By Susan Jarvis

Many eyes go through the meadow,
but few see the flowers in it —Ralph Waldo Emerson

I aim and shoot with fierce alacrity
As artistry unfurls before my eyes
In all its charismatic clarity:
The gauzy glint of scudding dragonflies;
A butterfly’s sartorial gaiety
Caught wafting in kaleidoscopic skies.
I wonder at God’s windfalls on the wing
And capture the euphoria they bring.  

What it’s Like Shooting 50 Portraits on 32 Sets in Just a Few Hours
I focus on a crocus clad in dew,
And snap its purple sparkle in the splash
Of morning’s titian prelude to the blue,
Immortalizing solar-swathed panache.
I revel in the panoramic view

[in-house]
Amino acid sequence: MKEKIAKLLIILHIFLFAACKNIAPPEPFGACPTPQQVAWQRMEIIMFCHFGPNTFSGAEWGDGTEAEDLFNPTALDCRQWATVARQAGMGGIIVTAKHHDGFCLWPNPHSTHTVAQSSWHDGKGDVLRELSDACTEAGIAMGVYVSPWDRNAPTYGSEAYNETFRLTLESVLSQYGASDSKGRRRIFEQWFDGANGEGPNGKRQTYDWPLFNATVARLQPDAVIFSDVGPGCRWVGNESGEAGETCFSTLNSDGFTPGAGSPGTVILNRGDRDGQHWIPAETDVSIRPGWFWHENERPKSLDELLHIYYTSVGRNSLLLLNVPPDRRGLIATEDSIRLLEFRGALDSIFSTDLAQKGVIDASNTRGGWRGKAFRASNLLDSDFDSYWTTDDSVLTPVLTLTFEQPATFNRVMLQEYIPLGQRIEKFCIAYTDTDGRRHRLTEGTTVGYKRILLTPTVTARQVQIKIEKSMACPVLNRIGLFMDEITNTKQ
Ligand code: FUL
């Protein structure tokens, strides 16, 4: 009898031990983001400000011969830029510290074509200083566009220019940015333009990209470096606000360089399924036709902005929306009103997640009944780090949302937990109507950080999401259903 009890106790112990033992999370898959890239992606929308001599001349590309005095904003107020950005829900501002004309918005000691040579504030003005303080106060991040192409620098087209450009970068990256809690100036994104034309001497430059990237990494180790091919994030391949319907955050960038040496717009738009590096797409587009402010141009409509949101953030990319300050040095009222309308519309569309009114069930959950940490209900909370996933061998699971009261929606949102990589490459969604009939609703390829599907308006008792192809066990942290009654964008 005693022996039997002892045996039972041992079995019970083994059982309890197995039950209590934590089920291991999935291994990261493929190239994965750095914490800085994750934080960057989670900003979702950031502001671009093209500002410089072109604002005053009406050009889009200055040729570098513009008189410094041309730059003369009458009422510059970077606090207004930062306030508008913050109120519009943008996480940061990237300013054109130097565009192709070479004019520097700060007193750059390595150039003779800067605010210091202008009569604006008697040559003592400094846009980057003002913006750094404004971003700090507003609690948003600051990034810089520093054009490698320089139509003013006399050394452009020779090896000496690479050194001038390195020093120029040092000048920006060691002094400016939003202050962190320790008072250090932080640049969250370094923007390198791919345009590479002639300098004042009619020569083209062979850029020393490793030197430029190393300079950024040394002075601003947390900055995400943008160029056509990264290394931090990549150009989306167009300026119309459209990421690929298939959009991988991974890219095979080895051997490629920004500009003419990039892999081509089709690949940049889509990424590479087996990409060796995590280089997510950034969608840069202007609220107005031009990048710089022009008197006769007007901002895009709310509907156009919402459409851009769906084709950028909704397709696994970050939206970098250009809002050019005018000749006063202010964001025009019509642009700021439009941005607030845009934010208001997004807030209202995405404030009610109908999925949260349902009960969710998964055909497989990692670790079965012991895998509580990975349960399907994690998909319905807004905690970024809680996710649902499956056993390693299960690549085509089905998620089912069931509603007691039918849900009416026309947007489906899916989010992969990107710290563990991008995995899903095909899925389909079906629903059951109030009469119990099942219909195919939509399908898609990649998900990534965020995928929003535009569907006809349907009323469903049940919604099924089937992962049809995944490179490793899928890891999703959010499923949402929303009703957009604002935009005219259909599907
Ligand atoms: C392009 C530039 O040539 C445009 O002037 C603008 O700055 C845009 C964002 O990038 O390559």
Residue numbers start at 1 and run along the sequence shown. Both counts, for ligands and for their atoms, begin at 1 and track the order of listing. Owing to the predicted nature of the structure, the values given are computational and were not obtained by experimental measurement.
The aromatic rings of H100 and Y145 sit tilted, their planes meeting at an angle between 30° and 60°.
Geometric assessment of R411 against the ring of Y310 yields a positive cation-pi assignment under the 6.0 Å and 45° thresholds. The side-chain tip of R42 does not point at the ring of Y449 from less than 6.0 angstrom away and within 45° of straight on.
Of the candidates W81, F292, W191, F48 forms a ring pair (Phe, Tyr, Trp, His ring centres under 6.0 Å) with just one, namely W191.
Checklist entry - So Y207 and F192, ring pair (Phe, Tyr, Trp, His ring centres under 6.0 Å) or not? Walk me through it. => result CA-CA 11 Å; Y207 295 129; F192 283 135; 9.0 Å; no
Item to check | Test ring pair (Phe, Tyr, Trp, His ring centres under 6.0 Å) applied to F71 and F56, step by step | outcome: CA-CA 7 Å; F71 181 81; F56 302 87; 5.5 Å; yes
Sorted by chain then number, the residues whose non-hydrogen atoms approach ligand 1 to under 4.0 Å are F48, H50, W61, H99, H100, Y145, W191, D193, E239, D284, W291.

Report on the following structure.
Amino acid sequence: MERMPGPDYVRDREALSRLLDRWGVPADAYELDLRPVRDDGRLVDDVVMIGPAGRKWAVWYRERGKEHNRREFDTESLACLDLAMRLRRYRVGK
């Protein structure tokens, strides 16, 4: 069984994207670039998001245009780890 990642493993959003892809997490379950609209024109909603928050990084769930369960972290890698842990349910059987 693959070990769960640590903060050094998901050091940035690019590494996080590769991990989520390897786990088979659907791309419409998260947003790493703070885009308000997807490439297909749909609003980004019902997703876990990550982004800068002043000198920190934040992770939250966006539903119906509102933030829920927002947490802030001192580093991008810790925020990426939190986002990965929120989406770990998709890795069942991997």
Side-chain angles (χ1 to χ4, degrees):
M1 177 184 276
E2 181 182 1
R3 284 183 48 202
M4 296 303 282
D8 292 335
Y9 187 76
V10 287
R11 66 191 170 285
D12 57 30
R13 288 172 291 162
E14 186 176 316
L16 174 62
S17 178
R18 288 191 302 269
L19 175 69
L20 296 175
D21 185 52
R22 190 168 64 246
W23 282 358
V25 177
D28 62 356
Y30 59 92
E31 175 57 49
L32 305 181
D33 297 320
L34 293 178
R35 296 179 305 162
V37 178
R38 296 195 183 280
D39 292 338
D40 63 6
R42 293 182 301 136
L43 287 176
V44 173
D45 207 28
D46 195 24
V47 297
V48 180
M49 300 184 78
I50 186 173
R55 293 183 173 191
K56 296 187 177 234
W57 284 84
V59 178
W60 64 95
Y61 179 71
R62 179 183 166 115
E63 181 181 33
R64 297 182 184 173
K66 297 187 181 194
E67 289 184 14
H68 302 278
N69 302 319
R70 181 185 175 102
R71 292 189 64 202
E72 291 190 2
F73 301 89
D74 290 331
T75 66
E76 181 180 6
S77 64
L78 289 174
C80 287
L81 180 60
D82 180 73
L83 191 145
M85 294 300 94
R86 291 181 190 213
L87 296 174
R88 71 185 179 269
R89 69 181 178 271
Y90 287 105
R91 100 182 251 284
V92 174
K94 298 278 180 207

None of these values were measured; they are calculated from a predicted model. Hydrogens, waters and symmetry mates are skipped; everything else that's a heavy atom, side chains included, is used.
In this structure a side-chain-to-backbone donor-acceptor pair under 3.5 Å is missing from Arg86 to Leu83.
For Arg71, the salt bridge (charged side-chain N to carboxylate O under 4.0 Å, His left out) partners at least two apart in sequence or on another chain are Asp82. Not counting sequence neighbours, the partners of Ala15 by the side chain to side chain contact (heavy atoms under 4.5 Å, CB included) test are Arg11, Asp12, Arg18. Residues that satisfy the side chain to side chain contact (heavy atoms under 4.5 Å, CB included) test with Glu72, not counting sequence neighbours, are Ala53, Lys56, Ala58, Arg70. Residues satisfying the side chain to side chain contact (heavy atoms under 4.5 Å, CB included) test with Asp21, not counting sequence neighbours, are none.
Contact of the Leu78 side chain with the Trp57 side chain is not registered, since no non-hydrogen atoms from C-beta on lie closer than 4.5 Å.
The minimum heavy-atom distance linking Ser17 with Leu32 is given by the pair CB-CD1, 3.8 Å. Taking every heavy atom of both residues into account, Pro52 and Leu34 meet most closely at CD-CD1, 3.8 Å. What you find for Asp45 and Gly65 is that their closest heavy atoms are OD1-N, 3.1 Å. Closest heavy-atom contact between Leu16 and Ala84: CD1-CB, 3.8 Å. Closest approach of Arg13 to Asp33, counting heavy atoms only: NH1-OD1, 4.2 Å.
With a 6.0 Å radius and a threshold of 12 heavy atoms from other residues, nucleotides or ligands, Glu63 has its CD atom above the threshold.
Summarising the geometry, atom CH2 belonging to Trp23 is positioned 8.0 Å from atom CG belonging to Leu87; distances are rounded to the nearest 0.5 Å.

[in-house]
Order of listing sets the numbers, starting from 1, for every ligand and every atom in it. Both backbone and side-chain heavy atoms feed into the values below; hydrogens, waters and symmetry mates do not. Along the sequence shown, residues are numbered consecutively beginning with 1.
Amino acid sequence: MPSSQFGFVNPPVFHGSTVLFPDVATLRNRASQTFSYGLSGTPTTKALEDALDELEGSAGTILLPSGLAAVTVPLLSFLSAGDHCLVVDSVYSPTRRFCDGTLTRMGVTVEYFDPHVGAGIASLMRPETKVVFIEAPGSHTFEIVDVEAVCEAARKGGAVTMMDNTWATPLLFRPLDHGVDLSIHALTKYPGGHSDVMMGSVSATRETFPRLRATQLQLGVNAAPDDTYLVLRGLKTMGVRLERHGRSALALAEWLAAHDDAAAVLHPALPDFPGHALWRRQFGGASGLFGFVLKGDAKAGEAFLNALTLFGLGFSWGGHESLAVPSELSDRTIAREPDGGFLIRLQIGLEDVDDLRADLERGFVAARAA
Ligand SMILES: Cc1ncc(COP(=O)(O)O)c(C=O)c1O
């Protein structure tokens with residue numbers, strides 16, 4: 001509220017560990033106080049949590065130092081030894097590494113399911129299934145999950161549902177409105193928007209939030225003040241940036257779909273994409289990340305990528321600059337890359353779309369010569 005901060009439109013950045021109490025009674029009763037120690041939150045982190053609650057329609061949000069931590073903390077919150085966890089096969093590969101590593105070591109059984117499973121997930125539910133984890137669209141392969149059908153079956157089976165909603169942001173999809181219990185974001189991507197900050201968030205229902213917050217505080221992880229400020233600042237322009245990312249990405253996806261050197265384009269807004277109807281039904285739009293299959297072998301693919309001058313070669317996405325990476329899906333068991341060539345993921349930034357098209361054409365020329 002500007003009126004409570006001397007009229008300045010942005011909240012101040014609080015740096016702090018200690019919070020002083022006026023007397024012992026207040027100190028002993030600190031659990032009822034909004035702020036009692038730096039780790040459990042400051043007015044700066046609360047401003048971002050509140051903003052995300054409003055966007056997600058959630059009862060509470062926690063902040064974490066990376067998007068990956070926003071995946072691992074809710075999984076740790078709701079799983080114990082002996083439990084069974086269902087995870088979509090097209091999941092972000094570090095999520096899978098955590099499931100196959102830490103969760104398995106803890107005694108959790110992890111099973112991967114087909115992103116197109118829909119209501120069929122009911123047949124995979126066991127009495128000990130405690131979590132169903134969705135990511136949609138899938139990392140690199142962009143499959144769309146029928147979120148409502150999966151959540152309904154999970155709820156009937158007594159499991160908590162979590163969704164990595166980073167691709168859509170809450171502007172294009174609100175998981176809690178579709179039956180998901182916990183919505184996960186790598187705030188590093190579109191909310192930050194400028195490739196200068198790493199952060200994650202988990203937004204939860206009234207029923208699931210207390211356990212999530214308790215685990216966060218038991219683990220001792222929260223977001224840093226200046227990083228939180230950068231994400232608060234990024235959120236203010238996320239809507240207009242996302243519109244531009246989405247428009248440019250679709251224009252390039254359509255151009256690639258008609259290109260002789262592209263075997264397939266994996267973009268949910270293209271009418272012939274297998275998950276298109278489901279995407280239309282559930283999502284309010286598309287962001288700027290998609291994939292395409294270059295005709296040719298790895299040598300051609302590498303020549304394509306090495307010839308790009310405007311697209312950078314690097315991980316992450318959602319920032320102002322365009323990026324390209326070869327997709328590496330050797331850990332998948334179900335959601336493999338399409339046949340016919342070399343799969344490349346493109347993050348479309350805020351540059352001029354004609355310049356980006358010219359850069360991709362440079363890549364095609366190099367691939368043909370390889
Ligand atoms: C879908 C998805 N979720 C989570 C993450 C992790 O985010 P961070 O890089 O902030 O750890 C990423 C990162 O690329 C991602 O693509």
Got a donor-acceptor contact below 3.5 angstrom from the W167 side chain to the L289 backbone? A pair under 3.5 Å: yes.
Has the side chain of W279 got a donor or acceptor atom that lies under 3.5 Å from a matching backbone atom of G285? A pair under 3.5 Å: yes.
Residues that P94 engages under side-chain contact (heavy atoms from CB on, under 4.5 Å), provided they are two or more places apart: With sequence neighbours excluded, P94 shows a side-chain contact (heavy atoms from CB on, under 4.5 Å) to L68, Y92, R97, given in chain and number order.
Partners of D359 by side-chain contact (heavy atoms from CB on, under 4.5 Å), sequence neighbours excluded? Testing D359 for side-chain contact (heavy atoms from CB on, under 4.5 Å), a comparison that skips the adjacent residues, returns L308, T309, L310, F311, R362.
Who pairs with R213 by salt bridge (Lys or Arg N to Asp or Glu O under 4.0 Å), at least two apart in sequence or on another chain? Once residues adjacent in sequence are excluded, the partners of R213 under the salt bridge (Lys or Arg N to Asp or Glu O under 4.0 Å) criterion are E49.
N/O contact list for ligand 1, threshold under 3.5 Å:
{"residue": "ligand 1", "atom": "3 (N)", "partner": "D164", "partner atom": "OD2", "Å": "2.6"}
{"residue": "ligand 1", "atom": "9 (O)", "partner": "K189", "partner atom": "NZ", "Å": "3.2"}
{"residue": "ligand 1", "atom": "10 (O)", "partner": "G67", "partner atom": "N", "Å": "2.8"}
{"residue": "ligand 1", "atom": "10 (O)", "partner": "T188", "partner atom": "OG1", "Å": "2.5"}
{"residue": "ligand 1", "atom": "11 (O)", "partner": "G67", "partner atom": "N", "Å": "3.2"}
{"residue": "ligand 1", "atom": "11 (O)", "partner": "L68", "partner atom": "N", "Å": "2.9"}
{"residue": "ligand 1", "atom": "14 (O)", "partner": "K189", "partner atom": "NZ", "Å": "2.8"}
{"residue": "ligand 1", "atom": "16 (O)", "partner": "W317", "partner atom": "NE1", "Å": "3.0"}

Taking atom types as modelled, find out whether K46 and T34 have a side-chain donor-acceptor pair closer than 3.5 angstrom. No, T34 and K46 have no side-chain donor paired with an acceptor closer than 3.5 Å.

Of dawn’s ensemble freeze-framed in a flash.
On nimbose days of rayless, grey despair
Pictorial glory begs I stop and stare.  

I gaze on pollen-peppered legs of bees
And sticky flicks of toads’ tongues trapping flies;
The whisker tips of squirrels in the eaves
And ramrod ears of deer seized by surprise;
Cicadas’ amber husks on limbs of trees,
A shy moon on the rise as twilight dies.
I marvel at the techno-alchemy
That floods my thirsty eye with ecstasy.

Gifts of every ilk and every shade
Scurry, stalk and scamper, sway and soar.
The feathered, furred, and petaled scenes portrayed
Are accolades to Eden’s sacred core.
I ponder on celestial hands that made
Each miracle my lens draws to the fore.
My camera’s splendor and its untold worth
Lie in my glimpse of heaven gracing earth.

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